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Reading opinion polls in the papers tends to cause despair and hilarity in roughly equal measure. Despair, not because my current favourite party might be nose-diving in the polls, rather because of the journalists scant regard for statistics, and hilarity for the way a story is built up where no story exists.

A really, really rough understanding of statistics is all that’s required here. Really crudely put, the more people you interview, the more accurate your poll is going to be. Of course, that assumes you are actually carrying out the poll well in the first place, not just interviewing whoever you come across on the street or whoever answers the telephone, because such crude selection methods will inevitably bias your results -  opinion pollsters know better than this.

Every poll that’s published has buried away at the bottom the number of people interviewed and the ‘margin of error’ (call it M  percent).  This latter is something to take note of – basically it means that if the poll says the major party’s share of he vote is X percent, their true popularity is most likely to lie in the range of X – M to X + M.  Given that many polls are based on around 750 people, giving a margin of error of 3%, that’s a huge range.  So if a party polled at say 40% one week, and polled at 38% the following week, their sudden drop in popularity isn’t a story at all. It may well be that they have dropped, but you can’t tell on the basis of these two polls alone. Also possible is that they’ve stayed exactly where they were in popularity.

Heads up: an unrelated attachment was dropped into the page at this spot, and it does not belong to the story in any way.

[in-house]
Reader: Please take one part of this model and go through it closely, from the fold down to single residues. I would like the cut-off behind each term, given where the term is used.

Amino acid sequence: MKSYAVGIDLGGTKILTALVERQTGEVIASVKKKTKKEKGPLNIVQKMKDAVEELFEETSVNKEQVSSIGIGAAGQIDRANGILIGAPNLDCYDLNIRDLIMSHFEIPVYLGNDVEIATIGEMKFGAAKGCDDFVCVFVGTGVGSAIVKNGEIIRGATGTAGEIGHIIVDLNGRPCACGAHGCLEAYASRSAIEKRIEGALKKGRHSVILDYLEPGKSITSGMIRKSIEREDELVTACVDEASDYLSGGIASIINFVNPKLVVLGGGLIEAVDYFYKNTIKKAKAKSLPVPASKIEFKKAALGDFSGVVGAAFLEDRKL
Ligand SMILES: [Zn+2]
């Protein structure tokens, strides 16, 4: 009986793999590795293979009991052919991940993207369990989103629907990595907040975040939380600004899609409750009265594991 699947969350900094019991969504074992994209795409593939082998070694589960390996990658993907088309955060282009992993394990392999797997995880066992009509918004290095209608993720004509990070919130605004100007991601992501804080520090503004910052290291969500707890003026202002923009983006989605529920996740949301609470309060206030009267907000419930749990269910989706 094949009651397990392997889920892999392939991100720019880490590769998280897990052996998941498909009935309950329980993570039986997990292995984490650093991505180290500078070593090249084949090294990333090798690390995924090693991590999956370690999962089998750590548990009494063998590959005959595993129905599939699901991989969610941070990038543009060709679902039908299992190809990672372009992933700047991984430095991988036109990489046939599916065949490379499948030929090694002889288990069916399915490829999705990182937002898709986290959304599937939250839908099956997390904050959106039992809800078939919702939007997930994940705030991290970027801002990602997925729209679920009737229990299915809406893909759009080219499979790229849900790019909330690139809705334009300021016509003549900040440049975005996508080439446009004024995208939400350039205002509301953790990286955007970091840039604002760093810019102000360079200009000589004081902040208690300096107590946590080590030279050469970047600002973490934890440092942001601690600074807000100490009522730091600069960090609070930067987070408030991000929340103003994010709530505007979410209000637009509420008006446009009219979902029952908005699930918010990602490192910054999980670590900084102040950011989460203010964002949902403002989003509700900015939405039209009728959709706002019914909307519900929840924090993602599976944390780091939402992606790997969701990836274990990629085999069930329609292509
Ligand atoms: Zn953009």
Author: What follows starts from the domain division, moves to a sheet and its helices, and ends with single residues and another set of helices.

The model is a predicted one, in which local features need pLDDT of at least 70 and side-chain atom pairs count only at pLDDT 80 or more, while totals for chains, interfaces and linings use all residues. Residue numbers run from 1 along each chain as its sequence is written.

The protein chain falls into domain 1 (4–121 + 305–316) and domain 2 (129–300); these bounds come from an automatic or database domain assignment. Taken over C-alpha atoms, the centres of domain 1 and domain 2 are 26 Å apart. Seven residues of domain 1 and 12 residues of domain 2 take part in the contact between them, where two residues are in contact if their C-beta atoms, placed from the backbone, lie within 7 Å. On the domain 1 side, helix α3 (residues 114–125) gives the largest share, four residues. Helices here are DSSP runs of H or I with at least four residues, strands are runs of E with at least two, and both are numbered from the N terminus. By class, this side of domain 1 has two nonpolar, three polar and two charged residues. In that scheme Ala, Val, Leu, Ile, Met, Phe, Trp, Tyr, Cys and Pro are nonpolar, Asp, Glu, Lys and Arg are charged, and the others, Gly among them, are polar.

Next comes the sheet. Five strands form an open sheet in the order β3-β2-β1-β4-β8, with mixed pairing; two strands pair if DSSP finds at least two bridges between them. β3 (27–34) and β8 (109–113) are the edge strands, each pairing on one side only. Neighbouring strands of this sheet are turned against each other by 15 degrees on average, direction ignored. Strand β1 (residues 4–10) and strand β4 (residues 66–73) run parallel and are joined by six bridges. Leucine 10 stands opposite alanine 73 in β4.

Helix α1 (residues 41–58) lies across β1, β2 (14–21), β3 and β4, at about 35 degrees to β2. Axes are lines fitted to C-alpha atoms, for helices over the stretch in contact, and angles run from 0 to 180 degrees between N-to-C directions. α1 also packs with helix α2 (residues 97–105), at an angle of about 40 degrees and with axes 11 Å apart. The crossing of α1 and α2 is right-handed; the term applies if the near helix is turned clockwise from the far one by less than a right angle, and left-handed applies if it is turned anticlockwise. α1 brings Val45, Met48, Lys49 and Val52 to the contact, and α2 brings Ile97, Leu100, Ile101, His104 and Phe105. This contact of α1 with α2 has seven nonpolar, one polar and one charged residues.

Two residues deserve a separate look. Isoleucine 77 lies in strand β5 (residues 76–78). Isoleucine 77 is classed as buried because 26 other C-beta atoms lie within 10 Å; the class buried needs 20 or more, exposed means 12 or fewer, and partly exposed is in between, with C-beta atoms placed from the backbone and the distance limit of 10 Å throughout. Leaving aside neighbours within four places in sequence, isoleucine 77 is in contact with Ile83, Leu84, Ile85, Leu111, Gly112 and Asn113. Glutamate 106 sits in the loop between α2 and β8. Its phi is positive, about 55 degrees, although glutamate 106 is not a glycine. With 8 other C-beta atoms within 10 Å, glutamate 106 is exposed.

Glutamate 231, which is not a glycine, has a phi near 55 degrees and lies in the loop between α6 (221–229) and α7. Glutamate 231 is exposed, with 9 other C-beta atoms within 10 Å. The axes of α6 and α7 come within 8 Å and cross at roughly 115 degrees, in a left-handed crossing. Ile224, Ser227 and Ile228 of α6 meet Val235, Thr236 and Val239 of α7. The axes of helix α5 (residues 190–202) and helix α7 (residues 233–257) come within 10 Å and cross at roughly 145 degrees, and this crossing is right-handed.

For minor parties, struggling on 5% or lower, the margin of error needs recalculating. Compared to the fraction of the vote they are getting, the margin of error can be really high indeed,.

Of course, what you can do to improve matters is combine the results of lots of polls. Basically, what you are doing here is pushing your sample size upwards, and reducing your margin of error. A helpful geek or two have been doing this for you – have a look at this Wikipedia page which shows how the different parties have polled since the last election, and, more importantly, a measure of the margin of error in the calculations. Note the size of it for the minor parties, compared with the fraction of the vote they are getting

So where does the anti-matter come in? Physicists are currently looking at some results from the LHCb experiment at the Large Hadron Collider, which look like they are indicating charge-parity (CP) violation in a particular decay process. What that means is that there is an asymmetry between the way matter and its corresponding anti-matter behaves. Swap matter for anti-matter, reverse the directions in space, and you don’t get the same results as one might naively expect. Now CP violation isn’t new, but this would be a new manifestation of it.

The question then, is do the statistics show CP violation? Is the measured asymmetry bigger than the margin of error (what we’d call the standard uncertainty) in the results? Yes it is, and very much so, in fact about 3.5 times. So, by the standards of even the most cautious political reporter, we have a story here. However, for physicists, three and a half times still isn’t quite big enough. There’s still a small chance (roughly 1 in a 1000) that this result is just statistical fluctuation. One in a thousand doesn’t sound big, but when you have an interesting result like this one it pays to be cautious. The ‘standard’ for these kind of experiments is considered 5 margins of error, before people will start jumping up and down to say that they have discovered something. 

How can we go from 3.5 times to 5 times?  Simple – more data – just like for the opinion polls.